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Saturday, 25 April, 1998, 16:44 GMT 17:44 UK
Trustees stand by Diana fund
diana memorial fund
Fund: accused of cheapening Diana's name
Trustees of the Diana, Princess of Wales Memorial Fund have rejected calls to wind up the charity after reports of a scathing attack by Earl Spencer.

The Princess' brother has reportedly told the nine trustees he wants to see the "tasteless and degrading" fund closed by the third anniversary of her death, August 31, 2000.

The Times quoted an unnamed aide to the Earl as saying the Spencer family was increasingly concerned about the aims of the fund - which receives 1m a week - and some of the activities it is involved in.

But despite this latest row, which follows controversies over the use of Diana's name on lottery scratchcards and margarine tubs, the trustees, who include the princess' sister, Lady Sarah McCorquodale, said they would continue their work.

Diana: Brother wants fund wound up by 2000
Christopher Spence, speaking for the trustees, admitted Earl Spencer had written to Anthony Julius, Diana's former solicitor and another trustee, to express concerns about the fund.

However, he denied they had received a demand to wind up the charity. "There is discussion going on between the trustees and family about how we can arrive at a situation where all parties agree on what should be done," said Mr Spence.

"There has been no discussion on when we should close the fund.

"There will be discussions in the next few weeks about the strategic direction of the fund, of which the issue of how long the fund exists for will be a part."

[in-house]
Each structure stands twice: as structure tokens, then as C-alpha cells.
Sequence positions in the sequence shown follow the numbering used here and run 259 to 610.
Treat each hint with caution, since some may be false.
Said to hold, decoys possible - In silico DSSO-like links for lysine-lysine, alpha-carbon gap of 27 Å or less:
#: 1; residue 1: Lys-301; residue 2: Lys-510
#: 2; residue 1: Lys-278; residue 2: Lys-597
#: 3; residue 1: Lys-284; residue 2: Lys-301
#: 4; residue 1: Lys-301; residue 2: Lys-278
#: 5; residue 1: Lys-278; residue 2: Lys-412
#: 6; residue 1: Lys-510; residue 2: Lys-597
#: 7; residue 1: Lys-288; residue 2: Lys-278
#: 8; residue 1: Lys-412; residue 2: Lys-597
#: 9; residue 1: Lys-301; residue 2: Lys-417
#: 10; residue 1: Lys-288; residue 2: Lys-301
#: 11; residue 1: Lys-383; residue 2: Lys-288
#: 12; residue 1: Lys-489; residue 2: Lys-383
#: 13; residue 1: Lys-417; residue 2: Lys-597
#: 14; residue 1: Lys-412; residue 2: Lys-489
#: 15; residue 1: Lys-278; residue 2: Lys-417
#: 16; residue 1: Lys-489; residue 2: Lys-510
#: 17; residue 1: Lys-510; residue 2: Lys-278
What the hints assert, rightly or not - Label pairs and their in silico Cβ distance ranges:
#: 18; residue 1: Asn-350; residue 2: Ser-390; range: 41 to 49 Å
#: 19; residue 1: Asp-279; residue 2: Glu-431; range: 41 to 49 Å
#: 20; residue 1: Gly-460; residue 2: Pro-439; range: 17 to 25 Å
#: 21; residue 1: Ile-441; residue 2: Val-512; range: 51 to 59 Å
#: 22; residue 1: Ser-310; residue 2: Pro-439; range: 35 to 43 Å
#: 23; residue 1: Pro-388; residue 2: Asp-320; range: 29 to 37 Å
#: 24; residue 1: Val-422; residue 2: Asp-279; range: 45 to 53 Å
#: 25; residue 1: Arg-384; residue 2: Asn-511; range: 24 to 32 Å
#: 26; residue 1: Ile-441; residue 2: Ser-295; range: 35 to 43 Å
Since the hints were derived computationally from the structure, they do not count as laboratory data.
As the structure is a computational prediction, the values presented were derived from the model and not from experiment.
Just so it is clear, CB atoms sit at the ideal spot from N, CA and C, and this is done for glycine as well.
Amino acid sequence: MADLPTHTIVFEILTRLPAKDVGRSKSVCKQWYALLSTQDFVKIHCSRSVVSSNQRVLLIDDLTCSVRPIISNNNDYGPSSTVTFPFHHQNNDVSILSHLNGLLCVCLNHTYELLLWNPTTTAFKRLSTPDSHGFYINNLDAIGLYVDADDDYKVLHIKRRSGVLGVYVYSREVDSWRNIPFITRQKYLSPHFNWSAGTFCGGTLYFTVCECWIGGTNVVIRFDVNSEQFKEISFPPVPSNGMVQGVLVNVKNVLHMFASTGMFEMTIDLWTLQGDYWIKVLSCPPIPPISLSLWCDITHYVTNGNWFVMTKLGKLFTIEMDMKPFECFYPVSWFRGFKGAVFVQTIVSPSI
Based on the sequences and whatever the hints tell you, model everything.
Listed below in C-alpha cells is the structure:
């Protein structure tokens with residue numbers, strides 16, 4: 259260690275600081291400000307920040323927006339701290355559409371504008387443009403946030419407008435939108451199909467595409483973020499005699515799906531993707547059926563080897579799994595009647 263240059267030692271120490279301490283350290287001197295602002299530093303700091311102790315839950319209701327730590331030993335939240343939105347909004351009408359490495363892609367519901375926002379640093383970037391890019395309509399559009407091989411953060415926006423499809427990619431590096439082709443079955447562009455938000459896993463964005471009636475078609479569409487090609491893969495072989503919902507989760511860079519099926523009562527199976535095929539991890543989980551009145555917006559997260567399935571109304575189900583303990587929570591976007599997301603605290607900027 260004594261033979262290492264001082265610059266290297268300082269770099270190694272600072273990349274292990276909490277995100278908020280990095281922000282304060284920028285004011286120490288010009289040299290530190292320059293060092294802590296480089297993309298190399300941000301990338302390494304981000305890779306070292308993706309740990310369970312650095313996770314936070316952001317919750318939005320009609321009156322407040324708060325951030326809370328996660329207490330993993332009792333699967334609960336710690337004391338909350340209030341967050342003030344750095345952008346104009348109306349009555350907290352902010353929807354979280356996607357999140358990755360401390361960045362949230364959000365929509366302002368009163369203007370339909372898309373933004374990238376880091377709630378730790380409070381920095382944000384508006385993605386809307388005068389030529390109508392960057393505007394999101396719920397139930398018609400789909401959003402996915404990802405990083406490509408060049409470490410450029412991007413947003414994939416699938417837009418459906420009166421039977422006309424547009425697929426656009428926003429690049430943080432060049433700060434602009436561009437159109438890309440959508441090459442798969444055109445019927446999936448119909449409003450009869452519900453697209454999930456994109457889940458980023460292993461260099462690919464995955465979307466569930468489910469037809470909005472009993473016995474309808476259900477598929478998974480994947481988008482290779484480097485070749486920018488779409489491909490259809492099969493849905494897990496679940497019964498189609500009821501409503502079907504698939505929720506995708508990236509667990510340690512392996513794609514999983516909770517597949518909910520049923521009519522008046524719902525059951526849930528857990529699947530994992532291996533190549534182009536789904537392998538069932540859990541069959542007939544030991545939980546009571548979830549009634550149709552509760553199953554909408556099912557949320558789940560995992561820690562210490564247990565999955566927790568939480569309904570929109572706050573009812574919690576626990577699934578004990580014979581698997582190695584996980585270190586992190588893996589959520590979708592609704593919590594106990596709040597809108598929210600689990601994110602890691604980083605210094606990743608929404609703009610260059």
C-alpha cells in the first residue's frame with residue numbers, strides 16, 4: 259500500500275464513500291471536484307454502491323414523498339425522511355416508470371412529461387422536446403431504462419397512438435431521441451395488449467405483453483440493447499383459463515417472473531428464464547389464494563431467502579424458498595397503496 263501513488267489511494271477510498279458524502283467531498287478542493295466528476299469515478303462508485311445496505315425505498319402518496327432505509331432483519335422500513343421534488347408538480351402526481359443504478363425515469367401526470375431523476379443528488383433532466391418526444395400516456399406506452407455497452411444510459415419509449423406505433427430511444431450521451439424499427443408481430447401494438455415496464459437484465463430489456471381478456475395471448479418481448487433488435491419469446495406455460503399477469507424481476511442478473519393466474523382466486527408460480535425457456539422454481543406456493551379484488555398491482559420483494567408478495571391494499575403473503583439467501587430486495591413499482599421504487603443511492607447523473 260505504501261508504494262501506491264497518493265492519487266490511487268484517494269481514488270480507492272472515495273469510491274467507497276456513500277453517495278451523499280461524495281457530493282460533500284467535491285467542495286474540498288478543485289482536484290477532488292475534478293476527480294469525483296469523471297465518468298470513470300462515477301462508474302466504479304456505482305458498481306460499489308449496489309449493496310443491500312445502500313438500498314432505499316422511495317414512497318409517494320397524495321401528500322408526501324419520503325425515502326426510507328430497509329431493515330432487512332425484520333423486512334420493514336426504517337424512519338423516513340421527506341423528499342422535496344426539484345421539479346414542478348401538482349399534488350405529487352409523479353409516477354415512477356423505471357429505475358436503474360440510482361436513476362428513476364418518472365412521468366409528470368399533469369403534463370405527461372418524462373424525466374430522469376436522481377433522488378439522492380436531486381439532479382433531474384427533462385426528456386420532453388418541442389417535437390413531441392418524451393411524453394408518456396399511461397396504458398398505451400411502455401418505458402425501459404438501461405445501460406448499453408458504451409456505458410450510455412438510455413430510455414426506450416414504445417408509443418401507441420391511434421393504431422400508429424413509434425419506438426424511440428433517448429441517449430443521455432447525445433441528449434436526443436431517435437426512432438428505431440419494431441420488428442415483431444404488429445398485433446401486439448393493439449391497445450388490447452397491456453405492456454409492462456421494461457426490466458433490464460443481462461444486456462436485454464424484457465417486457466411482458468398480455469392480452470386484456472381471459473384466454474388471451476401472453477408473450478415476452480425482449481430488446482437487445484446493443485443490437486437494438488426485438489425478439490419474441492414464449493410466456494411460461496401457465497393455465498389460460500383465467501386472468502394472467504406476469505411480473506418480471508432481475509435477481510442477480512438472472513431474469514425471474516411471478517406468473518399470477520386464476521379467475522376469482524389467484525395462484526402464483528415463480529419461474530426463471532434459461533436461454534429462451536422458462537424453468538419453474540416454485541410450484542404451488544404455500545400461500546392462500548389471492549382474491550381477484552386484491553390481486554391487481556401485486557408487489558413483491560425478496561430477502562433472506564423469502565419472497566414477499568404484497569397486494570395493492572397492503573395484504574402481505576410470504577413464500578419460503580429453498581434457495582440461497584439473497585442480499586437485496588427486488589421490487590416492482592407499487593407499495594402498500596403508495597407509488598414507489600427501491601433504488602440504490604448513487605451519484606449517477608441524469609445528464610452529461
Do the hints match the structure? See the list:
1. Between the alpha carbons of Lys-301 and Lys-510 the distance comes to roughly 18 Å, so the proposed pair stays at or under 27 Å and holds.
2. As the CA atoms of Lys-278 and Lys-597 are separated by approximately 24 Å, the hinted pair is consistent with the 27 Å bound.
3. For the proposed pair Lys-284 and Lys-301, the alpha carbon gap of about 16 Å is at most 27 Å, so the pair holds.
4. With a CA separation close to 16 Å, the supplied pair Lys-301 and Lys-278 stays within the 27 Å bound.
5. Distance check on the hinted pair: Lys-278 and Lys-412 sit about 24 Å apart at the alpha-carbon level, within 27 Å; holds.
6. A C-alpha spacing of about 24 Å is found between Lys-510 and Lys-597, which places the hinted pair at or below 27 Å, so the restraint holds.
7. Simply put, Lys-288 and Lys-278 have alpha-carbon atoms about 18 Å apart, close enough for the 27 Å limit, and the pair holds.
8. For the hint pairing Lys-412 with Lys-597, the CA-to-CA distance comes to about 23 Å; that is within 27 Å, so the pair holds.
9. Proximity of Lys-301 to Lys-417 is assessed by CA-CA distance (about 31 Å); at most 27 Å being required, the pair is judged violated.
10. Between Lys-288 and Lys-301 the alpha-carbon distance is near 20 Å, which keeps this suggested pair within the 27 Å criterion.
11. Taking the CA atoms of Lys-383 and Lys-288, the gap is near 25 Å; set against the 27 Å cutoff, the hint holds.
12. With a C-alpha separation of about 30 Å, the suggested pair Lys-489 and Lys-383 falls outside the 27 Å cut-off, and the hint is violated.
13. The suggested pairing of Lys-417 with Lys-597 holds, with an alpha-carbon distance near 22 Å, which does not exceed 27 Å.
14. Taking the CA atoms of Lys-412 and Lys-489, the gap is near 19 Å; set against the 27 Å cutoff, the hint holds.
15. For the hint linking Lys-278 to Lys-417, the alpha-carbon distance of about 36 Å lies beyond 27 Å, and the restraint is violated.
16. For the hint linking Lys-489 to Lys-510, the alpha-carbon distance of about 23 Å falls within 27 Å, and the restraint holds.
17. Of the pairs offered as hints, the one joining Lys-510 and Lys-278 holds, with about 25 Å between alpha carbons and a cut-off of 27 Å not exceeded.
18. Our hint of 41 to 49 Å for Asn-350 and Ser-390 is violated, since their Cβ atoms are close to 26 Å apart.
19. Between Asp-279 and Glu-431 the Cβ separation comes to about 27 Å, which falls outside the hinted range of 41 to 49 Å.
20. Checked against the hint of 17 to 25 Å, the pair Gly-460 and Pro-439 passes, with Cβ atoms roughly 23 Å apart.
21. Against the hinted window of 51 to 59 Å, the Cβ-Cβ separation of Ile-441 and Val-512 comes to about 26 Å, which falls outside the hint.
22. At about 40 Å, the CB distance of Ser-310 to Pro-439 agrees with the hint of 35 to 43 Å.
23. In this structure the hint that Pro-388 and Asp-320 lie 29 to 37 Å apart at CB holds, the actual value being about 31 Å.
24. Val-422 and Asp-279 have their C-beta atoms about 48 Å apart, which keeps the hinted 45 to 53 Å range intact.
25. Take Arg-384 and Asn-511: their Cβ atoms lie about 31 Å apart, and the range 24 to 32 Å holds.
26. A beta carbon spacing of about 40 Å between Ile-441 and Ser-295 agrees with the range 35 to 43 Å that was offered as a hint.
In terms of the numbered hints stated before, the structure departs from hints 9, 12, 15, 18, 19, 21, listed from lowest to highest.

The row comes after the trustees said they had to temporarily stop taking applications for grants because they had been deluged with requests.

The fund, which it is thought will soon top 100m, needs an overhaul of its procedures and grant-making policies, the trustees said.

It has so far given 13m to 100 organisations but trustees will not authorise any more grants until after the review is completed in late summer.

flora tubs
Flora: Special deal to carry Diana's name
The fund was first criticised when trustees allowed margarine company Flora to use Diana's name on its tubs in a one-off deal worth 250,000.

Former Prime Minister John Major, appointed as a guardian to Princes William and Harry, criticised the fund in the wake of that decision.

He called for trustees to show "care, consideration and sensitivity" over the use of Diana's name.

BBC News
Ingrid Seward of Majesty magazine says there is a slight feeling of distaste over the fund (0'24")
BBC News
James Whitaker of The Mirror accuses Earl Spencer of being "as tacky as anyone" (1'09")
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